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Dairy & COVID-19: Impact on Global Demand


The Global Dairy industry is still coming to grips with changing consumption patterns and its likely net negative impact on dairy demand.  The dumping of milk in the US has been well documented as it attempts to balance out supply in a foodservice dominated market (in the US, schools alone take 16% of US drinking milk).  Likewise the demise of the foodservice market to UK dairy has come to the fore with spot milk prices at rock bottom. 


The decline in foodservice and unprecedented retail demand has brought new logistical challenges to the industry.  Retail demand in some markets was initially up over 40%. While positive, this brought additional logistic challenges in keeping shelves stocked while faced with restricted and costly transport in markets such as the US.  



China after close to a three month economic pause, is getting back to work. However, Rabobank has forecast down again and now estimate Chinese imports of skim milk powder (SMP) and whole milk powder (WMP) to be down 28% in 2020.  This is based on lower demand in foodservice channels, a build-up in milk powder stocks, on top of larger carryover stocks, as well as further expansion in local milk production through 2020.


The markets of South East Asia are struggling to come to terms with the spread of the virus.  Dairy will be particularly affected where tourism is a significant contributor to GDP such as Indonesia, Philippines and Vietnam. Rabobank anticipate Southeast Asia SMP and WMP imports to retreat by nearly 8% for the rest of the year as slower economic growth and weaker currencies reduce affordability.


The Irish dairy industry have invested heavily in new processing to able to produce product for higher value channels such as foodservice, especially in Asia; diversification was at the earlier stages and this channel is a still a relatively small, though growing, market. Growth forecast in these regions will all be revised down.



Algeria has taken a regional approach for containing the virus. Eleven regions now have curfew from 3pm to 7am including Algiers and Blida, resulting in the closure of manufacturing plants. Ingredient purchases for Ramadan manufacturing have already been made. The main impact is the drop of sales during Ramadan (23/04-23/05) that will result in a carryover of dairy products into May-June. In normal years sales of dairy products during Ramadan increase by three or four-fold.


Logistics and Supply Chain

The knock-on effect of congestion at Chinese ports has been delayed repatriation of vessels and reefers to Europe.  As the Chinese economy reawakens, the situation shows some signs of improvement.  However, Africa, Europe and America are now experiencing the full effects of Covid-19 on the supply chain.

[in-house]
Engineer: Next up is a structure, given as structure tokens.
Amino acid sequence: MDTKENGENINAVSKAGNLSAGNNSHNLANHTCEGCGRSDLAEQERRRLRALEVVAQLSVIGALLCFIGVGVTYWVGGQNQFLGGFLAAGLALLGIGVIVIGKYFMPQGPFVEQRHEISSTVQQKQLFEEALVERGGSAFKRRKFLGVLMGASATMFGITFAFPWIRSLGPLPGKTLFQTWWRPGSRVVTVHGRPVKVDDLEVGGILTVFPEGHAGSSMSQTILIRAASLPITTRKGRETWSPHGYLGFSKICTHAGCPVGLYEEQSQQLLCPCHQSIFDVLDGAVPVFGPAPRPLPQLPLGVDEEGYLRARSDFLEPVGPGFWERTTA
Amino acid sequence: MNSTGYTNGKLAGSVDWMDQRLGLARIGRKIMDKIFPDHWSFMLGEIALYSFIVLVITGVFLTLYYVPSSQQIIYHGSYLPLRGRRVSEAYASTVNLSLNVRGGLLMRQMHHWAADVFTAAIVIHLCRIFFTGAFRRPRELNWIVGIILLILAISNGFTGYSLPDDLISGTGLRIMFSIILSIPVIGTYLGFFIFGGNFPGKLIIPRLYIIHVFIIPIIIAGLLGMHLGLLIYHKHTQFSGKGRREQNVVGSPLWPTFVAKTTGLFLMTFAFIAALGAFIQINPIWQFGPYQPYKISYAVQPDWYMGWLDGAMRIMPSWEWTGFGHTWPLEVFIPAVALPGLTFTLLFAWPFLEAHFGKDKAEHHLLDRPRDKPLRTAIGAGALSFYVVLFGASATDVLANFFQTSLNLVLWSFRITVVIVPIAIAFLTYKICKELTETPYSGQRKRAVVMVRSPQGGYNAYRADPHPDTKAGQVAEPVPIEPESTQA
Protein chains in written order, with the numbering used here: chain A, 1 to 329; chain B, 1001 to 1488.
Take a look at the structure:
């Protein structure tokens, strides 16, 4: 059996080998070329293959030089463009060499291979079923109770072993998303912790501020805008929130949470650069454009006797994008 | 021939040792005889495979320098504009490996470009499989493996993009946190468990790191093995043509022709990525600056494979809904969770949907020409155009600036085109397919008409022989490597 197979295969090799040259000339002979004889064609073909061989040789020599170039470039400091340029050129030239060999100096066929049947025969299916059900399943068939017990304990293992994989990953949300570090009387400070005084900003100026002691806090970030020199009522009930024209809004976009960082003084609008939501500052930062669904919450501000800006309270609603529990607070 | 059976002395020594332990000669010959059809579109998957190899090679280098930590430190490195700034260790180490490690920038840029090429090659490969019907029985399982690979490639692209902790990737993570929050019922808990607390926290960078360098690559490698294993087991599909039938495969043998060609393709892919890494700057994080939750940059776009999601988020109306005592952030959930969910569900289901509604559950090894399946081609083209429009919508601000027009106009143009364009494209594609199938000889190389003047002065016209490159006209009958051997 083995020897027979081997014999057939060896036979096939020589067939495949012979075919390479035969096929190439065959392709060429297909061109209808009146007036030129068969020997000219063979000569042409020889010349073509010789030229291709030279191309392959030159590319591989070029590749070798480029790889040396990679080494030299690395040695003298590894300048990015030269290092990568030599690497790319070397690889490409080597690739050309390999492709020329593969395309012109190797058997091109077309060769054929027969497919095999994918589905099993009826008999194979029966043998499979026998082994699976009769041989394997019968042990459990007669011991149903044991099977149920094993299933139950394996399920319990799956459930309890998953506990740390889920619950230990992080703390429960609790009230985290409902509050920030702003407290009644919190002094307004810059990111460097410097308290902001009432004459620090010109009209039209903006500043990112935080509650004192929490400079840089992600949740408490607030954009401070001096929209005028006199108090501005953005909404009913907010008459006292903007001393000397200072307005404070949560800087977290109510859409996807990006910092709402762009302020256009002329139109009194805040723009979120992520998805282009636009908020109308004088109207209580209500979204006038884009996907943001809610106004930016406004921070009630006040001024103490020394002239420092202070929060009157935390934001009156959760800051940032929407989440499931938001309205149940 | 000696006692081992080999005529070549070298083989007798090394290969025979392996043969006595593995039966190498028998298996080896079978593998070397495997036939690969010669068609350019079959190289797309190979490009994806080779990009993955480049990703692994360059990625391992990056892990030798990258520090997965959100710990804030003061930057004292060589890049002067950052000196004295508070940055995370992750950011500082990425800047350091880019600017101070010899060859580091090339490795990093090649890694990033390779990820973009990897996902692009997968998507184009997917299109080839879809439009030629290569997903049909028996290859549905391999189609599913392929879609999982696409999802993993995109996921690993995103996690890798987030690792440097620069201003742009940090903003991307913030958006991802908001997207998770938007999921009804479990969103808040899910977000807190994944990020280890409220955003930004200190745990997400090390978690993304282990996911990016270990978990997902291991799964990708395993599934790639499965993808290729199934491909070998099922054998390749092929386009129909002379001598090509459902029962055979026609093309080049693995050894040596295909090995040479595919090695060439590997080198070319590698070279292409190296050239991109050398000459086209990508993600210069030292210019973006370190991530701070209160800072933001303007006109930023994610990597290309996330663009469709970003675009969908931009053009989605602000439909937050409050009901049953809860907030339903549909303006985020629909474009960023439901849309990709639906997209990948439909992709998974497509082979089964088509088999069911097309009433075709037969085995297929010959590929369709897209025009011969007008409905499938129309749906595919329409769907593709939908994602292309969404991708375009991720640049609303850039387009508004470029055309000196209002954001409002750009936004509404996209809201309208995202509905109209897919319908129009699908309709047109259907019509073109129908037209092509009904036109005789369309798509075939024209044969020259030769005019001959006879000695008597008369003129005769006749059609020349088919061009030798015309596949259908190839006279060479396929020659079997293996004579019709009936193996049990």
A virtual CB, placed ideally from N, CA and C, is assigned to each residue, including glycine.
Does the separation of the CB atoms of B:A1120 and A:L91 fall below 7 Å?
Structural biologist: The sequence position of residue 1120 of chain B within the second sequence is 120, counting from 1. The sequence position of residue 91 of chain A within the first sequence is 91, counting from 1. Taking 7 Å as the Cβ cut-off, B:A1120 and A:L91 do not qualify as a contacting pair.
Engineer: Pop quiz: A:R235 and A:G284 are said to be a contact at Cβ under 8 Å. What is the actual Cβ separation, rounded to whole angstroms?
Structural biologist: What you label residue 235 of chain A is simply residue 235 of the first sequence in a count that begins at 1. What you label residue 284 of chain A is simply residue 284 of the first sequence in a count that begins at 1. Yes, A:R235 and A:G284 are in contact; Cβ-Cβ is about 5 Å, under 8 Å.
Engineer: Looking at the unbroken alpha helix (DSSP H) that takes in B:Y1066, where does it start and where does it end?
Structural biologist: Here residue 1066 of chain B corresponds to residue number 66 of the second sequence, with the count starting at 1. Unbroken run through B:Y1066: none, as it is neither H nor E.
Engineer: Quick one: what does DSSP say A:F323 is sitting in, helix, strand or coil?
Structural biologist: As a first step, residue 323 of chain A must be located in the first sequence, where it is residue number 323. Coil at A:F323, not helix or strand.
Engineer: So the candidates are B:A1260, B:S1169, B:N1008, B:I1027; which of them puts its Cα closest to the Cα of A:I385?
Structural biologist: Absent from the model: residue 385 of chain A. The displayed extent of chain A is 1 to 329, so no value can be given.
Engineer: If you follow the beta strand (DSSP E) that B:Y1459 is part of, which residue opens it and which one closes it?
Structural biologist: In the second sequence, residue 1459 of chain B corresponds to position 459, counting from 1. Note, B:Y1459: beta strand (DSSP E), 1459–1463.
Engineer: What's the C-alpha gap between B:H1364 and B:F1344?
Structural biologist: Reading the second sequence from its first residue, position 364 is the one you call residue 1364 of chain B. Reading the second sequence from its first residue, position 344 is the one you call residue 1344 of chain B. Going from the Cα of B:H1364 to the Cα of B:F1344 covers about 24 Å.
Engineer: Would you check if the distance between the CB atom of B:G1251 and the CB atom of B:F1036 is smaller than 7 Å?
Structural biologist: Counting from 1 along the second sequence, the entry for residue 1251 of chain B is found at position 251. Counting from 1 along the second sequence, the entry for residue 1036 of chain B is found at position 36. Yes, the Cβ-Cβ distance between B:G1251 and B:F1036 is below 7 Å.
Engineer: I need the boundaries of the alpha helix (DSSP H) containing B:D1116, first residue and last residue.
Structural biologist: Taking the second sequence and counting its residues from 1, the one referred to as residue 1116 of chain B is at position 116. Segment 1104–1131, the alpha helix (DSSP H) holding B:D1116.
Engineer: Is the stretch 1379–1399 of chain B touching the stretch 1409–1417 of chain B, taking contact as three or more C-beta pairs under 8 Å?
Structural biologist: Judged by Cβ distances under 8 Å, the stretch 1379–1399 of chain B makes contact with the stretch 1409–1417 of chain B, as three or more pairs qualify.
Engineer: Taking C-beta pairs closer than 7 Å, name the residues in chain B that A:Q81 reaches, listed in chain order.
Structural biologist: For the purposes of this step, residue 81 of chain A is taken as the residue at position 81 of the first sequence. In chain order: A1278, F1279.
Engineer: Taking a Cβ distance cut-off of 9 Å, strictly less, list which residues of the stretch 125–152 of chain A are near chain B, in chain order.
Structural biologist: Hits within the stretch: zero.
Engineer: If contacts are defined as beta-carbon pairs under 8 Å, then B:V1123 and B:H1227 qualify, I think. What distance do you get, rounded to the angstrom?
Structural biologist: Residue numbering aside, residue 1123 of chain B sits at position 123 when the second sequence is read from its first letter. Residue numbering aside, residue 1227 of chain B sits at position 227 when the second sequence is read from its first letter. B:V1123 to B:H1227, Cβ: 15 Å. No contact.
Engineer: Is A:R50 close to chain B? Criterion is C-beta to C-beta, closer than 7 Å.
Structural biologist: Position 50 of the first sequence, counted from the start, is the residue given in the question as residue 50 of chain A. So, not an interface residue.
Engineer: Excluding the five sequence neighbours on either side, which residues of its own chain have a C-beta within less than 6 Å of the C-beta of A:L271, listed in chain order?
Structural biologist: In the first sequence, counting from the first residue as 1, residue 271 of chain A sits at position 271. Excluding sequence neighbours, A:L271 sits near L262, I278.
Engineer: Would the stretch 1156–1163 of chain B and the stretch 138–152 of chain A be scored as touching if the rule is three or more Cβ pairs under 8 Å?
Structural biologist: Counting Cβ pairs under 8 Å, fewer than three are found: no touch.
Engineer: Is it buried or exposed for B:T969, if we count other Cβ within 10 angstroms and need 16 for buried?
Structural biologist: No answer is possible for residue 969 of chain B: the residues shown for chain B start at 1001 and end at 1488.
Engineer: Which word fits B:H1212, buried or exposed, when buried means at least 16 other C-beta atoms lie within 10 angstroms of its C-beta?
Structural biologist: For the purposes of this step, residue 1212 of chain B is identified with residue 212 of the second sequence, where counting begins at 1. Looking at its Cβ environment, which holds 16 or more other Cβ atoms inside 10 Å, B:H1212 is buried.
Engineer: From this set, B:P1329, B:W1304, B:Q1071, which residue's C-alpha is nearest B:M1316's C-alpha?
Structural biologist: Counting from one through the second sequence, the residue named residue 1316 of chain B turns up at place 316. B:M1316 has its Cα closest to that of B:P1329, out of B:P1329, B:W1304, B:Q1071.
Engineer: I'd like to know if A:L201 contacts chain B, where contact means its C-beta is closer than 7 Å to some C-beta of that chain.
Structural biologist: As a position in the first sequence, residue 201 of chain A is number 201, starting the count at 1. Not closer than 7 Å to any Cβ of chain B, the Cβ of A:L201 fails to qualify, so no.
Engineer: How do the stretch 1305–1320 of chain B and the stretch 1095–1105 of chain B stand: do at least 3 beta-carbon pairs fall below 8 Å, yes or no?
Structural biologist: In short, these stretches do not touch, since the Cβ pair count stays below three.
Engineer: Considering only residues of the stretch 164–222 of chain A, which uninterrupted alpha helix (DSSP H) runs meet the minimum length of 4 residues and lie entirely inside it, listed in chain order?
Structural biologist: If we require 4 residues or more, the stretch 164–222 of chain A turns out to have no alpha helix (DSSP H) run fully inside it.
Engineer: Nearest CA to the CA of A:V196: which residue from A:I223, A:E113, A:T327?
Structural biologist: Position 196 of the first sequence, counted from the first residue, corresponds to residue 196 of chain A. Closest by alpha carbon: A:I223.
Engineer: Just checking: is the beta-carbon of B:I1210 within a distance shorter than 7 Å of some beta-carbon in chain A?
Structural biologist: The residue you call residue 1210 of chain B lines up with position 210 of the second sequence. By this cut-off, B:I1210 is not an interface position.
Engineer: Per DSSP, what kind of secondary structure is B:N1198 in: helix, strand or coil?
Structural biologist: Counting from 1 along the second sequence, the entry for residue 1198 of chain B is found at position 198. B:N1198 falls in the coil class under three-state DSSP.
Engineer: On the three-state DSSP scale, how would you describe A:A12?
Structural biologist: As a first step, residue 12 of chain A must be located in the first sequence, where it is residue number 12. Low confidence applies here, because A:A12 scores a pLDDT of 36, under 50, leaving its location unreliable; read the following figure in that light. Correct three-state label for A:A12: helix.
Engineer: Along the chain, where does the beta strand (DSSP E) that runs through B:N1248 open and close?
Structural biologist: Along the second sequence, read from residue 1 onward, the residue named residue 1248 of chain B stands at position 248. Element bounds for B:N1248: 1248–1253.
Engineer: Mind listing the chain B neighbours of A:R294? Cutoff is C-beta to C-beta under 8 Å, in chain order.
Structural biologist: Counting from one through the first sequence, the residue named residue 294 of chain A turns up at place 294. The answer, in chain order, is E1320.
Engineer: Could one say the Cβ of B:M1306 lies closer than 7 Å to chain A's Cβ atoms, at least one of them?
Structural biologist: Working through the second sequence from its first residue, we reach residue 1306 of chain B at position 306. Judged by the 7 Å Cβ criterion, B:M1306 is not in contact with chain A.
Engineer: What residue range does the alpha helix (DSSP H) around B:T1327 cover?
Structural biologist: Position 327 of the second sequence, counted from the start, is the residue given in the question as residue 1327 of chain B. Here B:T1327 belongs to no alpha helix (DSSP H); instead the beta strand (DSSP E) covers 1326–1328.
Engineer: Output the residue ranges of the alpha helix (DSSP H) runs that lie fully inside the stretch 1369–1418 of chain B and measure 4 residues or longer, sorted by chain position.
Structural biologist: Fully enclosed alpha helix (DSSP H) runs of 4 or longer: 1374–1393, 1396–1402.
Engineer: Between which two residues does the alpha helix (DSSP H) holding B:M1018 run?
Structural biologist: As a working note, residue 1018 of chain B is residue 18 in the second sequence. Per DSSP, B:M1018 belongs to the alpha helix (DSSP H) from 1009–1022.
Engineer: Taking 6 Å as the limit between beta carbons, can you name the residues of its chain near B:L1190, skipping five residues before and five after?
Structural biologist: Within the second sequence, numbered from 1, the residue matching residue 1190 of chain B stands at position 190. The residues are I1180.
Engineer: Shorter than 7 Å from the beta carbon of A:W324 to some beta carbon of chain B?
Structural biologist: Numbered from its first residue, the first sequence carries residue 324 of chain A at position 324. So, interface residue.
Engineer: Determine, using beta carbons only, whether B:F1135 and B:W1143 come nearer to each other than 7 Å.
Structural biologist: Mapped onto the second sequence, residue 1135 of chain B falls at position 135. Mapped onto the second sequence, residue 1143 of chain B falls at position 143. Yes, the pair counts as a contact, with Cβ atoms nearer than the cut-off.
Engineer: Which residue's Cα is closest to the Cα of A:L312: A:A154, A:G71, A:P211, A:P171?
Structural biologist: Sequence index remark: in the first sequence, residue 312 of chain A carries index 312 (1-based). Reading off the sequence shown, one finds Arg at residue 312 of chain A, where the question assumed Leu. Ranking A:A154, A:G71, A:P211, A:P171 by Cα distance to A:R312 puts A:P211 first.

At time of writing, the Nigerian Port Authority announced a temporary waiver of demurrage fees for 21 days.  Significant routes to market for dairy ingredients, for example Karachi; the gateway to Pakistan, Iraq, Iran and Afghanistan, is heavily burdened with large volumes of cargo.  It’s reported that Karachi alone handled over 78,000mt of cargo, 44,000mt of which was imported in 24 hours on April 2nd, 2020.




Week 15 Dutch Dairy prices fell for the tenth consecutive week with butter taking a real hit down €500 €500/mt to €2700/mt, Skim back €170/mt and Whey back €30/mt week on week.


At the seventh GDT auction held on 7th April resulted in an overall average price index increase by 1.2%. The results were positive given the global market backdrop. Through increases across the majority of fats with the most noticeable gains across butter and AMP. The results defied the negative sentiment due to the oversupply of milk in EU and US dairy supply chains with the collapse of demand from food service channels.


Irish Dairy

The Irish dairy ingredient industry report that demand still remains reasonably strong. However, it’s a buyers’ market with prices continuing to slide across the board for the main categories.  The next few weeks will tell a lot more.


All of this is happening against the backdrop of peak season, with Irish milk volumes expected to exceed eight billion litres in 2020.


With seismic shifts in consumption, increased costs of transport and regulatory challenges and delays it is clear Covid-19 is affecting dairy markets now and putting pressure on milk price for farmers however the longer term impact has yet to be quantified.  The dairy market is a volatile one and the Irish industry has proved resilient when faced with other challenges in the past. 


No one knows how long prices will fall, how low they will go and how the same customer base will behave post Covid-19.  However the strong finish to 2019 which yielded good returns will see some of the industry forward sold with decent contracts still crystallising monies, much welcome at this time of bearish markets. 


Looking to post Covid-19, it is unlikely to be so far reaching to significantly affect demand for dairy as schools, restaurants and work will reopen and travel will slowly recommence.